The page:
Indonesia : Highlights of Bilateral Cooperation with Italy Recent high level visits of Indonesian officials to Italy: Visit of Indonesian Defense Minister (19-21 April 2007) Visit of Indonesian Agriculture Minister for the ” 60th Campionaria Internationalle Expo 2008” (7- 15 June 2008) Visit of Indonesian Trade Minister (16-18 May 2008) Visit of Indonesian Foreign Minister (4 March 2009) Visit of Indonesian Head of Investment Office (20 May 2009) Visit of Indonesian Head of Oil and Gas Office (19 June 2009) Visit of Indonesian Vice President, in lieu of the World Food Summit (November 2009) In economic cooperation, trade relations between Indonesia and Italy always shows surplus for Indonesia side. In 2008, total trade betwen Italy and Indonesia reached USD 2.899 billion, with Indonesia’s export to Italy of USD 1.38 billion, and Indonesia’s import from Italy of USD 667.5 million. Main export products from Indonesia to Italy comprise of coal, footwear, palm oil and its fraction, video recording, natural rubber, furniture, coffee, chemical woodpulp, tin, and seat. While main import products from Italy to Indonesia include leather goods, accessories for motor vehicles, electronic apparatus for line telephone, etc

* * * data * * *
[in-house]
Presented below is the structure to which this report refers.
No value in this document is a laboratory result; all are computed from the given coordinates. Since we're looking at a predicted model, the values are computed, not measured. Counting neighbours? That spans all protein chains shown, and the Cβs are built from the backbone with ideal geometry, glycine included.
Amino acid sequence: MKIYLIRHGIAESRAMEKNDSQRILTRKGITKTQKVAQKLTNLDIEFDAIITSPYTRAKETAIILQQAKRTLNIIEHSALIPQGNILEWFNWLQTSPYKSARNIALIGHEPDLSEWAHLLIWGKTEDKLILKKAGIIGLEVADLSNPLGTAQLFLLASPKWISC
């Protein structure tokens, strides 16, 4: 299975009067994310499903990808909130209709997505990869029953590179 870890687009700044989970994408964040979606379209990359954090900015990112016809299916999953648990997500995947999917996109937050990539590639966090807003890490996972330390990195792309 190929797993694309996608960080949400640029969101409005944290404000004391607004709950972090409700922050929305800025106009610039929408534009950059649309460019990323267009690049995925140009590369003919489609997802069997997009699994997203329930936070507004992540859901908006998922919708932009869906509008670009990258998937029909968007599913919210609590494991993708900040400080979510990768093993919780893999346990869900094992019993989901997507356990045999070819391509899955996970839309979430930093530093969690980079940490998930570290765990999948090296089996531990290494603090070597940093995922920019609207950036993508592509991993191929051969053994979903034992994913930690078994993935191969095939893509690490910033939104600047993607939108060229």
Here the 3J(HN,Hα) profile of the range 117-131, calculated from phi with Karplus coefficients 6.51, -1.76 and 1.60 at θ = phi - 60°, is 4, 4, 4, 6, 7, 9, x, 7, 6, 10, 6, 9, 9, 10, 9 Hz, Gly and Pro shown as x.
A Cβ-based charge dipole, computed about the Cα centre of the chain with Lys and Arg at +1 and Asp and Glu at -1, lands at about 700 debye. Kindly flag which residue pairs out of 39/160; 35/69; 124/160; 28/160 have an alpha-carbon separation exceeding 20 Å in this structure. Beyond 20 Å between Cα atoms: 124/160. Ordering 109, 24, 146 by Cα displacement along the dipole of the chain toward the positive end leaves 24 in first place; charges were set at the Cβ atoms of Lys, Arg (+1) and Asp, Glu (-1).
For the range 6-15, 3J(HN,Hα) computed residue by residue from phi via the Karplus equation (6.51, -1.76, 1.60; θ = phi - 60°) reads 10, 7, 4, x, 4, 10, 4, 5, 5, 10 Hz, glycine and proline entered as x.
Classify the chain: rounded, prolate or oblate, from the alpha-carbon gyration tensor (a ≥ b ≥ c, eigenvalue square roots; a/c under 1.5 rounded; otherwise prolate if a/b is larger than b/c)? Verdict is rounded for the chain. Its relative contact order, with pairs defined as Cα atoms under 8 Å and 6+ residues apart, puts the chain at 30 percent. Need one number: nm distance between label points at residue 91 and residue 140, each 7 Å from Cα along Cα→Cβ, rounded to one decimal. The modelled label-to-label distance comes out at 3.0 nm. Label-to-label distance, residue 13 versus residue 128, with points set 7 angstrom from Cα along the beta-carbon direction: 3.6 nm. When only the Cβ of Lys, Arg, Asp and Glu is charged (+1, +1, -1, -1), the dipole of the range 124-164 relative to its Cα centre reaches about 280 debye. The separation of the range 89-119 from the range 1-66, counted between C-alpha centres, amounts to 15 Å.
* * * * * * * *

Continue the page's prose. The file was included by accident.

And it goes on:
Indonesia : Highlights of Bilateral Cooperation with Italy RANKING OF FOREIGN DIRECT INVESTMENT REALIZATION OF EUROPEAN COUNTRY, JANUARY 1 – DECEMBER 31, 2009 NO.COUNTRYNo of ProjectUS $ Million% 1.The Netherlands321.198,711,1 2.United Kingdom61587,75,4 3.Switzerland11132,11,2 4.Germany18103,91,0 5.Italy1141,10,4 6.France1229,00,3 TOTAL1452.092,519,4 Source : BKPM, 2010